My interest in this type of article runs more towards gaining a better understanding of the coffee industry as a whole, beyond simply which beans I buy, roast and consume next. Also, reading about the next unique brewer, or the coolest new cafe or roastery in town does interest me, however these are merely the superficial facade of something that runs much deeper, and affects the livelihoods of many people far less fortunate than you or me.
The subject article by Hillary Rosner outlines four main threats to the coffee plant, and therefore the industry itself:
- Disease (for example the recent coffee rust or roya epidemic in Central America)
- Insects (the coffee cherry borer, whose range is now increasing due to climate change)
- Deforestation (mainly affecting wild coffee trees and is reducing the possible genetic diversity which may be critical to fortify cultivated crops)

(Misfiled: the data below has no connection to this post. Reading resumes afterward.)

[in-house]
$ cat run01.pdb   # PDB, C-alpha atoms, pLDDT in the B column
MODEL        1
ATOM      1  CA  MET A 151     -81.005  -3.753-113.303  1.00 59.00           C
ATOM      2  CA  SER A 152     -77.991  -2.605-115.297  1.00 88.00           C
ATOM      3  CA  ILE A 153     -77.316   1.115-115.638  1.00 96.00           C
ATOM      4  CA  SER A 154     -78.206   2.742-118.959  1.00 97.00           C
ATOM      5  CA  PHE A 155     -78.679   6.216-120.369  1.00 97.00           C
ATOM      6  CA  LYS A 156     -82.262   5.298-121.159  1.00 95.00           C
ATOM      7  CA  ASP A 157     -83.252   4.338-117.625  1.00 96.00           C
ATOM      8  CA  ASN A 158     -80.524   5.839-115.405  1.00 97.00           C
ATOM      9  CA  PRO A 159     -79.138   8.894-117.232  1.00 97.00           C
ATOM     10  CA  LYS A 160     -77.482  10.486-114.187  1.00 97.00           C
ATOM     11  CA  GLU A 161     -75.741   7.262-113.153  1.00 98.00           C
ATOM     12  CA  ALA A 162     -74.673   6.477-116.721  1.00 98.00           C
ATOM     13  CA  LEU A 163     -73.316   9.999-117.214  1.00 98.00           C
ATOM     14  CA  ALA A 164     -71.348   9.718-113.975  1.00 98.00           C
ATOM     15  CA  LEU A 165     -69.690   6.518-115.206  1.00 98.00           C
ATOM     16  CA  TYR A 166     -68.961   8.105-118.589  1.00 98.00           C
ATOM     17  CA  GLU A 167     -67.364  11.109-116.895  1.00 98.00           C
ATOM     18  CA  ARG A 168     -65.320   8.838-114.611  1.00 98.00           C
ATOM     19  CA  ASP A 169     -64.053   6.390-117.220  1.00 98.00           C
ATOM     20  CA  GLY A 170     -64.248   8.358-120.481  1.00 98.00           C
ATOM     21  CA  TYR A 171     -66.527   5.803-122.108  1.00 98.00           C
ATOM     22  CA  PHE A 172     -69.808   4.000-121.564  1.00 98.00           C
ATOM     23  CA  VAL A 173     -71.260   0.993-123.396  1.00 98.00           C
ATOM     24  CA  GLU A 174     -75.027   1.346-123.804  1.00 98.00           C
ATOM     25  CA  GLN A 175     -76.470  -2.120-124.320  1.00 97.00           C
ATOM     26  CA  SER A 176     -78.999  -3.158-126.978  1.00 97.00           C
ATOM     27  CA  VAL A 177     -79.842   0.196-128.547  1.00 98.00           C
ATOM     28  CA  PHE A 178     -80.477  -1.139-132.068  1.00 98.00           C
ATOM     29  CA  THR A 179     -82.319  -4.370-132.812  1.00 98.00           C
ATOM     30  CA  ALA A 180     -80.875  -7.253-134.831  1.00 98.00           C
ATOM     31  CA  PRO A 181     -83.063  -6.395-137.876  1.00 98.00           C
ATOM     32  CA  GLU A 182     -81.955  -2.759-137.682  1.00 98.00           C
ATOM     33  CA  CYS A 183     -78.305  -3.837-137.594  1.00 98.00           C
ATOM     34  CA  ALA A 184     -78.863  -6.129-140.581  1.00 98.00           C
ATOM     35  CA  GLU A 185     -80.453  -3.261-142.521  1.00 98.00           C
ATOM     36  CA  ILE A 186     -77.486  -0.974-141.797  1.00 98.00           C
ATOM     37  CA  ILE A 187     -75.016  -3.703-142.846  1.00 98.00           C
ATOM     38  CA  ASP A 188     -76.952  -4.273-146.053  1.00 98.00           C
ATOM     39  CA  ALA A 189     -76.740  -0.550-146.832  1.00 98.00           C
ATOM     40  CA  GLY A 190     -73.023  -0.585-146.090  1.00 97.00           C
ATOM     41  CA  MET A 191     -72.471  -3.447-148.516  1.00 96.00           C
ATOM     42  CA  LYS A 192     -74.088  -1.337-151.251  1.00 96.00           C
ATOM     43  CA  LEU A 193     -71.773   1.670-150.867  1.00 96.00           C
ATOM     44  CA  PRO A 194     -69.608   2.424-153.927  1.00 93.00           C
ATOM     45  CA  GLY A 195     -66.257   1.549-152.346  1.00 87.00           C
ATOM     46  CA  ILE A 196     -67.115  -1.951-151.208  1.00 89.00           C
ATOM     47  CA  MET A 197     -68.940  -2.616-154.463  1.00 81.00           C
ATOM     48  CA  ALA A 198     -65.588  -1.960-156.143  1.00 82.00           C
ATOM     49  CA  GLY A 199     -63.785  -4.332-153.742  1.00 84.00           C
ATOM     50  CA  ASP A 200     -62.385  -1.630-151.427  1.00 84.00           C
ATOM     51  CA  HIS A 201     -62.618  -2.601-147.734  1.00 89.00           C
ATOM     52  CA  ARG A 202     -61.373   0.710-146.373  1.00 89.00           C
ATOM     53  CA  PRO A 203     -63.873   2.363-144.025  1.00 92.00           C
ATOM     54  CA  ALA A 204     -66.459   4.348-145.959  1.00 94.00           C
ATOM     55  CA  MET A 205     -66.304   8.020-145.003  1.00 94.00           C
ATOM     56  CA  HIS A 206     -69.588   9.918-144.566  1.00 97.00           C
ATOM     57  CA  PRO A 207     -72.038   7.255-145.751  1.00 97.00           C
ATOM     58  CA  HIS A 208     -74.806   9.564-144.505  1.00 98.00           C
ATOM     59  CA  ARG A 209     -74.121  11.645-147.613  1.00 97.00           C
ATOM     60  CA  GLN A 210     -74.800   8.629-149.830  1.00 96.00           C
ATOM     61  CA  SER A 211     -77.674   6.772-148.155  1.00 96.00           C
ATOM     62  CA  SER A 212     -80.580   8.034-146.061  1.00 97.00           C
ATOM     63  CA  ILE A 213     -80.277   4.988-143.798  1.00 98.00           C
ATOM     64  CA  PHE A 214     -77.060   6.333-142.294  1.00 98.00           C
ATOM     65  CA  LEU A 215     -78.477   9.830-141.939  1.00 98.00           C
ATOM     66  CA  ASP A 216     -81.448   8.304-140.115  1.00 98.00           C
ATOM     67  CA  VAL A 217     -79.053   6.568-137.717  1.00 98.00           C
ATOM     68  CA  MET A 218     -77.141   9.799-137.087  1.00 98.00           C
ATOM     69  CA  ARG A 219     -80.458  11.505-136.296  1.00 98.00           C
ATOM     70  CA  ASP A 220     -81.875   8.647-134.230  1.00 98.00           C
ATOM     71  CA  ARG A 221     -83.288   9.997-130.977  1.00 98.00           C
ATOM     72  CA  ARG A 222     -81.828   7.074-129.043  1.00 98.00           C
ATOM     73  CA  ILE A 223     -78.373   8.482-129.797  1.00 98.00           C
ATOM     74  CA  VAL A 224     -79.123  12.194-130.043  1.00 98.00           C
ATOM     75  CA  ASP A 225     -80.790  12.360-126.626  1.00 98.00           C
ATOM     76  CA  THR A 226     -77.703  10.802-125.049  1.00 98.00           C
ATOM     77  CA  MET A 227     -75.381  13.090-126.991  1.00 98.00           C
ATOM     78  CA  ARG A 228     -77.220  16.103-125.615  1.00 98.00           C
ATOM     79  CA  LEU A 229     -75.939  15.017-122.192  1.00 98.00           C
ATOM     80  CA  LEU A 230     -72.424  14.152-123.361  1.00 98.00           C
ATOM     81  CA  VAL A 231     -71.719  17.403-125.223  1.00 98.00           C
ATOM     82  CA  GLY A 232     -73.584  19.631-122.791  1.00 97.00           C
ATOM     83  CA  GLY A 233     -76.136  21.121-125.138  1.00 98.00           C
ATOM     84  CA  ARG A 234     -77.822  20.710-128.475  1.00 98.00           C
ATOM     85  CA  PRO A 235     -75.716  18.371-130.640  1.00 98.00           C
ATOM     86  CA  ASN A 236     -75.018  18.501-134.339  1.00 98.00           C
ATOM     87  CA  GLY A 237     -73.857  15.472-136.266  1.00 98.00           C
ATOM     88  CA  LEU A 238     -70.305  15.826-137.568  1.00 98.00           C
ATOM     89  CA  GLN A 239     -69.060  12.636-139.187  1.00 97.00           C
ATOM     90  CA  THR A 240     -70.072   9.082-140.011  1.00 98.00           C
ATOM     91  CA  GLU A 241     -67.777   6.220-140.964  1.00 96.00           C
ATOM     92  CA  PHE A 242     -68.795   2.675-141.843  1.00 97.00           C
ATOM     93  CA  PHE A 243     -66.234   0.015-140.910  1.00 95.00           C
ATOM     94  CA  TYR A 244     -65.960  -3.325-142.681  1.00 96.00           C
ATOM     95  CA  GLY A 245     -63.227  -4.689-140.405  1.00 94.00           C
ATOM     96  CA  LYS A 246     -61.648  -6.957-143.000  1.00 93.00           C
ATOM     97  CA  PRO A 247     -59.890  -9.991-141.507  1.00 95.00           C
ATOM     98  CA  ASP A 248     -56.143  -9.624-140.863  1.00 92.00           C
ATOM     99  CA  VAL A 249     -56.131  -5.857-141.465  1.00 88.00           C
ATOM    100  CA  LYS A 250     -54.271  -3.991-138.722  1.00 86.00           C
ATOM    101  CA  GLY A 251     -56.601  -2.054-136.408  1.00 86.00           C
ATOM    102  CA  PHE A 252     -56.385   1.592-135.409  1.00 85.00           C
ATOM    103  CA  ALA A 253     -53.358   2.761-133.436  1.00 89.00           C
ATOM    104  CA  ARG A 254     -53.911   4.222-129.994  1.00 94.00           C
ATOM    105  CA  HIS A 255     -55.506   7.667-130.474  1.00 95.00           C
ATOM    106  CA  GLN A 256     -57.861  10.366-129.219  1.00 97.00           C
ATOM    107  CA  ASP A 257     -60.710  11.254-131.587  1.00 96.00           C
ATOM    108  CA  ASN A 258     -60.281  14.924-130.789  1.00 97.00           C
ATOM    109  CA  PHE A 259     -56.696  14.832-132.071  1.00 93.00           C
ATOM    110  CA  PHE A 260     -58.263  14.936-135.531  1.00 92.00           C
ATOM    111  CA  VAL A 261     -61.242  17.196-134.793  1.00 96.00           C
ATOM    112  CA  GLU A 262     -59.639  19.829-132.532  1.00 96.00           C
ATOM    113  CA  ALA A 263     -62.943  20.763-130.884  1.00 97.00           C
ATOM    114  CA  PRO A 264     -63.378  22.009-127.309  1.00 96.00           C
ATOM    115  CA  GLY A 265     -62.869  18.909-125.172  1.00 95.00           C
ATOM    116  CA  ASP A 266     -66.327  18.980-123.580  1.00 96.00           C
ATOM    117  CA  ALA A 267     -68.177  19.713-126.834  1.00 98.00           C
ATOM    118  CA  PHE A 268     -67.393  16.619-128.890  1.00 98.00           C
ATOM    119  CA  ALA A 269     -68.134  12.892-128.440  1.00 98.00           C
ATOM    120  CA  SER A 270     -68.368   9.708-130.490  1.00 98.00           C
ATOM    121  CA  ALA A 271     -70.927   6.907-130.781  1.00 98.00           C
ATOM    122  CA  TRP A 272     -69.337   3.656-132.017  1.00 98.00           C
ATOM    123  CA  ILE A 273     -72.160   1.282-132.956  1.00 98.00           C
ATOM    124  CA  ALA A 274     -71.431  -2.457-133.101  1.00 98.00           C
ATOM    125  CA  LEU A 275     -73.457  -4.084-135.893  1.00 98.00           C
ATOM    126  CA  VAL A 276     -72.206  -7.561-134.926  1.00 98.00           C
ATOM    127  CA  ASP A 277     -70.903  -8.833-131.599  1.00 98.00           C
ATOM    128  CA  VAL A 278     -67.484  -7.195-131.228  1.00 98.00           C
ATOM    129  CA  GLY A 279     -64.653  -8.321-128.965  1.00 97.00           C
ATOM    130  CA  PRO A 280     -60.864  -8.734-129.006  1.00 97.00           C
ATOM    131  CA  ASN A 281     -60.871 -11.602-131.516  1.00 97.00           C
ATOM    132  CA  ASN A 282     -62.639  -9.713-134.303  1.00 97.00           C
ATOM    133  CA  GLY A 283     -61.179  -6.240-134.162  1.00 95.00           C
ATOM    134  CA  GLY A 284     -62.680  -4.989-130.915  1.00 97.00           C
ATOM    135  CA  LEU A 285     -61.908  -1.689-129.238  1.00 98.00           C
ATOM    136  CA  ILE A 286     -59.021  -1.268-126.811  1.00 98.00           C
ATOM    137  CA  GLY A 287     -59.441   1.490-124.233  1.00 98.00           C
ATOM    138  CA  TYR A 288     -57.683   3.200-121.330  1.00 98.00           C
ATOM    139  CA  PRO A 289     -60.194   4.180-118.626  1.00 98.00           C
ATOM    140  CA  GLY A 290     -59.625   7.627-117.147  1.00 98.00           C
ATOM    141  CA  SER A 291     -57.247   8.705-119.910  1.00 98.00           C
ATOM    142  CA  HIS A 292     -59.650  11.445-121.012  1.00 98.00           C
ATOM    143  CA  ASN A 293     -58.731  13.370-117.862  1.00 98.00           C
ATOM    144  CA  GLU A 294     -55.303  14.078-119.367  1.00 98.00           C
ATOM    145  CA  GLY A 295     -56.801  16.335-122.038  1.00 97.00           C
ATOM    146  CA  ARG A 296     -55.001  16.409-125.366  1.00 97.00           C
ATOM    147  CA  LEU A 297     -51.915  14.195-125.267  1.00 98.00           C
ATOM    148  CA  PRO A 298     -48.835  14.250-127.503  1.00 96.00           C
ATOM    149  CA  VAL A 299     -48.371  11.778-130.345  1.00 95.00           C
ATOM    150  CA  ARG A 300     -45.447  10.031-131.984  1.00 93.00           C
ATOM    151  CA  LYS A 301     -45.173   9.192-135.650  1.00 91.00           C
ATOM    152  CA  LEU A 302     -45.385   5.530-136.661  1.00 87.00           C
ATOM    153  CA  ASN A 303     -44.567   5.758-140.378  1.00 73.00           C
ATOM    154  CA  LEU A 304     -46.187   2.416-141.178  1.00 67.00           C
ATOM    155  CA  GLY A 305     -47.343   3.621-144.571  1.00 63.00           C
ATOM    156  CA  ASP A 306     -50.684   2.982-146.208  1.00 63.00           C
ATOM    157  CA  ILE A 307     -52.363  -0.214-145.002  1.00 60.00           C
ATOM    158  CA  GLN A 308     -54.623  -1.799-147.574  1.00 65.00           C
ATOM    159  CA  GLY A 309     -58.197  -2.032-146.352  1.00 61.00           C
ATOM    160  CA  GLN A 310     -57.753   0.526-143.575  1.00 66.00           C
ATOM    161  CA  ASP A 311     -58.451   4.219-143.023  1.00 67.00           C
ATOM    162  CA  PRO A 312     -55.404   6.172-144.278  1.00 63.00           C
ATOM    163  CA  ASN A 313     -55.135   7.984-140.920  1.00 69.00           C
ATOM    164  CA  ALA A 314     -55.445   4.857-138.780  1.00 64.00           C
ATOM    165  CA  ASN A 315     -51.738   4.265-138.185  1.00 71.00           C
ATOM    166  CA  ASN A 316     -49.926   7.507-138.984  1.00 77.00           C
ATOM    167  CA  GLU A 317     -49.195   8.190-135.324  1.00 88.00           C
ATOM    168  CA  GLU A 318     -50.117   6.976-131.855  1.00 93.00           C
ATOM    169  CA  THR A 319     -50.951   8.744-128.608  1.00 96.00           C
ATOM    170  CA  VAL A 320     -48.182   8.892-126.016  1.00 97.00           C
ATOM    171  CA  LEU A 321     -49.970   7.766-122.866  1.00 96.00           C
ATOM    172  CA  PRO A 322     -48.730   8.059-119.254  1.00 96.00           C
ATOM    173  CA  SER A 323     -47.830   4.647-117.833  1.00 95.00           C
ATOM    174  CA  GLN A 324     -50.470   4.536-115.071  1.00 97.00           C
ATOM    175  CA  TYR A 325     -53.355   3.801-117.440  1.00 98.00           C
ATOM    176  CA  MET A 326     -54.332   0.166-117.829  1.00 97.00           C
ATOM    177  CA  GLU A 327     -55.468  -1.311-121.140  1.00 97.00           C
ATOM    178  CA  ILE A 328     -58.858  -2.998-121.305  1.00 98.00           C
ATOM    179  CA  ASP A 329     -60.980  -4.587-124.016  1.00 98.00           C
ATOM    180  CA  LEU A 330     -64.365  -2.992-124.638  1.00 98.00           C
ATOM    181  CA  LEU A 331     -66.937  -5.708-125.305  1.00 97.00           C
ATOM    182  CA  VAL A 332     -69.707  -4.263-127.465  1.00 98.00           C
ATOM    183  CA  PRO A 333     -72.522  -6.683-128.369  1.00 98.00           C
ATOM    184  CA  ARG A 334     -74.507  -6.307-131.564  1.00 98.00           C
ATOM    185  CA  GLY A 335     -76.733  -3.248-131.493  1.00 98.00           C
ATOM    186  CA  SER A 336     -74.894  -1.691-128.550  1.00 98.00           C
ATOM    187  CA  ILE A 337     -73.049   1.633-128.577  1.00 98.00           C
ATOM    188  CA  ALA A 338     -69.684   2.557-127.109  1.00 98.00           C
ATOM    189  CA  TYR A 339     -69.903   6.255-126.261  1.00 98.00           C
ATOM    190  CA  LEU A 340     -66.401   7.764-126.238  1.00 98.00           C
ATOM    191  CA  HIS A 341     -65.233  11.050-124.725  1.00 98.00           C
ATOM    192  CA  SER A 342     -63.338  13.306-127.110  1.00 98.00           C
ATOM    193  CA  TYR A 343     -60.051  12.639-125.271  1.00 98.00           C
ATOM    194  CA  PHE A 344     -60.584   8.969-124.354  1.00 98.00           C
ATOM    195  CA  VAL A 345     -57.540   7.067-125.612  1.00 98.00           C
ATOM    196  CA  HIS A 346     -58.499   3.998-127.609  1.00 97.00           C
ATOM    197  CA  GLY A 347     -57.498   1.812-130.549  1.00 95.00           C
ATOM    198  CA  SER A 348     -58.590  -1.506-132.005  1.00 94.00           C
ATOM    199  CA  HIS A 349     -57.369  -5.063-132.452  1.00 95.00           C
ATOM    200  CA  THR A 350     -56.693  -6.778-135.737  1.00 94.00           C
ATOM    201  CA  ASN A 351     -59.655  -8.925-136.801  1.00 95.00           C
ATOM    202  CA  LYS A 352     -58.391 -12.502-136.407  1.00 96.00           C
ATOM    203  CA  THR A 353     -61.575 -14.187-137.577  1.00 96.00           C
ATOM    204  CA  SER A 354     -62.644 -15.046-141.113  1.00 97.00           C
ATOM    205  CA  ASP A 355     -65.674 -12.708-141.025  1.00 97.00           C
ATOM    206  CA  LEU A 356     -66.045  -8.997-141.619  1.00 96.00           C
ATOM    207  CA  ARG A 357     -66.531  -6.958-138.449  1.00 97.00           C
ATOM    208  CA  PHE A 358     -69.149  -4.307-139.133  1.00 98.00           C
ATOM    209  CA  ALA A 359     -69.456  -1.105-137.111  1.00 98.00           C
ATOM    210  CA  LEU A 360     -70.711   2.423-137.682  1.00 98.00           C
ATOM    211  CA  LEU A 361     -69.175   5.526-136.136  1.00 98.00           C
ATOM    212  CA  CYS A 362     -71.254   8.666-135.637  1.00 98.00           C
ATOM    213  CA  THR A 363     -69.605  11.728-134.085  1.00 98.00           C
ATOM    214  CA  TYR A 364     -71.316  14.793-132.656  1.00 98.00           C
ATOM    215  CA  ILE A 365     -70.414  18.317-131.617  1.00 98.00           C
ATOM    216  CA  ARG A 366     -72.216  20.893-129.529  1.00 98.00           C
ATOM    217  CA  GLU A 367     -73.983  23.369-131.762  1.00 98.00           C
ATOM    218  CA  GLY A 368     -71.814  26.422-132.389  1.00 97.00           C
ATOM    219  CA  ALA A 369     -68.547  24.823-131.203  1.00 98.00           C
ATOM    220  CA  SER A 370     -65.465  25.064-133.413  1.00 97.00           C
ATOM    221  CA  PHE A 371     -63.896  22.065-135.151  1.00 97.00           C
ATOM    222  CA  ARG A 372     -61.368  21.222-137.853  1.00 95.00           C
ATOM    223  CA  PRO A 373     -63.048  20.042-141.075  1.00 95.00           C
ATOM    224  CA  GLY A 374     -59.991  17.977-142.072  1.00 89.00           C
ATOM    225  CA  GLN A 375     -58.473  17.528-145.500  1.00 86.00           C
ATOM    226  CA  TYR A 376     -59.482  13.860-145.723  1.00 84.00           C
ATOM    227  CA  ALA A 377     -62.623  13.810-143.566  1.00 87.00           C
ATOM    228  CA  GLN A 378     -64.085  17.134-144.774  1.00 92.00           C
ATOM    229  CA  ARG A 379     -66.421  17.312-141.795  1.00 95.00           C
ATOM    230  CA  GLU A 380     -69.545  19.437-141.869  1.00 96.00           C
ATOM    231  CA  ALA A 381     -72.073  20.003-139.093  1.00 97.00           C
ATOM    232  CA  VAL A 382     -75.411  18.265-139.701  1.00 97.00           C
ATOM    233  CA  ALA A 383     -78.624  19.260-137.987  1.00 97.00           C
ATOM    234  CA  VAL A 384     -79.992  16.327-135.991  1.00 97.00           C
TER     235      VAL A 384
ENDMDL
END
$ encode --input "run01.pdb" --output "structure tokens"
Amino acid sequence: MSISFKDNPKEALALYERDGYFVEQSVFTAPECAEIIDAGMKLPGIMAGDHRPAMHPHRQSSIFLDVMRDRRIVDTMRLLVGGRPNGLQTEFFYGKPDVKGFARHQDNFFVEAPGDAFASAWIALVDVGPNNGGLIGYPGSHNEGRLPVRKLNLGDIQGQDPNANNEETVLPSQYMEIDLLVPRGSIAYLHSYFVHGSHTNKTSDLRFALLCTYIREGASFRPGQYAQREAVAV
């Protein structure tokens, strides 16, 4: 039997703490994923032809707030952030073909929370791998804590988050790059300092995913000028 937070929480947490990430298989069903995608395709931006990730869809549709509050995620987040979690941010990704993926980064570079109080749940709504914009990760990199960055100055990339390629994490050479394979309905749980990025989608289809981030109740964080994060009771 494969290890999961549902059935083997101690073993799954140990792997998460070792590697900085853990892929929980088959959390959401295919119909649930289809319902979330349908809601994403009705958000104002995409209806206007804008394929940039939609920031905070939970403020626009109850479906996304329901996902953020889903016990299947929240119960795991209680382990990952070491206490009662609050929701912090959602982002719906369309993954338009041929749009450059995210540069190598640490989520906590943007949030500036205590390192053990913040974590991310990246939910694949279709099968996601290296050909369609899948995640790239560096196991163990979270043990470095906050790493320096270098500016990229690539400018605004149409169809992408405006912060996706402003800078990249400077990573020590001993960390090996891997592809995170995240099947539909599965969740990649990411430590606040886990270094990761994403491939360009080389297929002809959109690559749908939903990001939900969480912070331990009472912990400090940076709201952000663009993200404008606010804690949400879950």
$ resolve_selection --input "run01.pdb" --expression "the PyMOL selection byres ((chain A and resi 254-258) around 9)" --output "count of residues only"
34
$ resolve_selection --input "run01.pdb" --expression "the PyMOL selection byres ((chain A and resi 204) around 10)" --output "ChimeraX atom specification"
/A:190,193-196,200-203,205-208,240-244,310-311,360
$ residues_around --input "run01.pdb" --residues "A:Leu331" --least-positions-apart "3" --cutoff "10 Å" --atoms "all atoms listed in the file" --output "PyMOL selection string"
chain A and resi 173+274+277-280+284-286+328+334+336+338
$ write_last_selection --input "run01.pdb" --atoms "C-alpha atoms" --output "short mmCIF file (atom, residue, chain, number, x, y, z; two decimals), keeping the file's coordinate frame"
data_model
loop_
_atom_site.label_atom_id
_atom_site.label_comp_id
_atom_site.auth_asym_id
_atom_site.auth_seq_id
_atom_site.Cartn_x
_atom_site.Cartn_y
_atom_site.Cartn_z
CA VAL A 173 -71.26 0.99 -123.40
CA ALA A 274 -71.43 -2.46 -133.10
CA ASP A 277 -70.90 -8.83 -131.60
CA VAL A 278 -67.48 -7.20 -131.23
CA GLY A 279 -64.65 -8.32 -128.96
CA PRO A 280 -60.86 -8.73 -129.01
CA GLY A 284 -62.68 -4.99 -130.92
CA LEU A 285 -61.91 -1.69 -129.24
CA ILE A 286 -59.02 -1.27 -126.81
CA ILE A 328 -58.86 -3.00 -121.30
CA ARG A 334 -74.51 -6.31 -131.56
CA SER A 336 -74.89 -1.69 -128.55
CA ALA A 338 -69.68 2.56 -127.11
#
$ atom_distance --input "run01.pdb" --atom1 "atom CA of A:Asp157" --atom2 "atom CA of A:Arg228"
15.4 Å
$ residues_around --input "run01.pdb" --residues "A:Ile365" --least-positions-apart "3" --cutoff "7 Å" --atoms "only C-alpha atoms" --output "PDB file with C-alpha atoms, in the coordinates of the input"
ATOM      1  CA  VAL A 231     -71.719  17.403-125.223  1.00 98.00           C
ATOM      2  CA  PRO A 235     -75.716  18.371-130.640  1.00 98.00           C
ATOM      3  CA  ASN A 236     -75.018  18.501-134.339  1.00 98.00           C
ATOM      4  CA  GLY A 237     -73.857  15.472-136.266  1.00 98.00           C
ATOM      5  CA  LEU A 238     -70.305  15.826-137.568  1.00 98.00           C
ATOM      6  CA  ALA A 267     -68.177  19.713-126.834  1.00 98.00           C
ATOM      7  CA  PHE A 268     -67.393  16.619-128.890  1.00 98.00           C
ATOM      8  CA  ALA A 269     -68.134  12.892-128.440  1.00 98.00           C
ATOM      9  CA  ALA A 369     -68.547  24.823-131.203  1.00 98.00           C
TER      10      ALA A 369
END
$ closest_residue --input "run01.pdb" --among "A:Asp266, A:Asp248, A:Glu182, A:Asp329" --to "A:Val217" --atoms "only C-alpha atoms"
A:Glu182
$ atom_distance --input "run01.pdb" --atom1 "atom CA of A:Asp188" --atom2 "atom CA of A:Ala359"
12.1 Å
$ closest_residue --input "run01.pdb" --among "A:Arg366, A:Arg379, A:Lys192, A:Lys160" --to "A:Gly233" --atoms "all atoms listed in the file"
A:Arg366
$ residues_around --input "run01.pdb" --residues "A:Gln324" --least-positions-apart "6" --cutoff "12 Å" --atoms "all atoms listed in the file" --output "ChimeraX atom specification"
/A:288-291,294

- Climate change (both excessive rainfall in some regions and drought in others affecting global yield)
Although the impression of the coffee industry is often one of robust invincibility, those coffee producing countries through the “bean belt” which exists around the world between the tropics of Capricorn and Cancer, appear very much in the grip of an “eggs in one basket” susceptibility.
As Scientific American describes:
Coffee crops around the world are incredibly alike genetically. This homogeneity leaves cultivated coffee particularly susceptible to threats from diseases, pests, and shifts in temperature and rainfall.
It is this lack of genetic diversity which poses the greatest threat to the coffee industry. With almost all of the world’s cultivated coffee originating from a small number of plants in the birthplace of coffee – Ethiopia, there is an inherent lack of resilience in many of the crops grown around the world to disease and/or climate inconsistency or progressive change.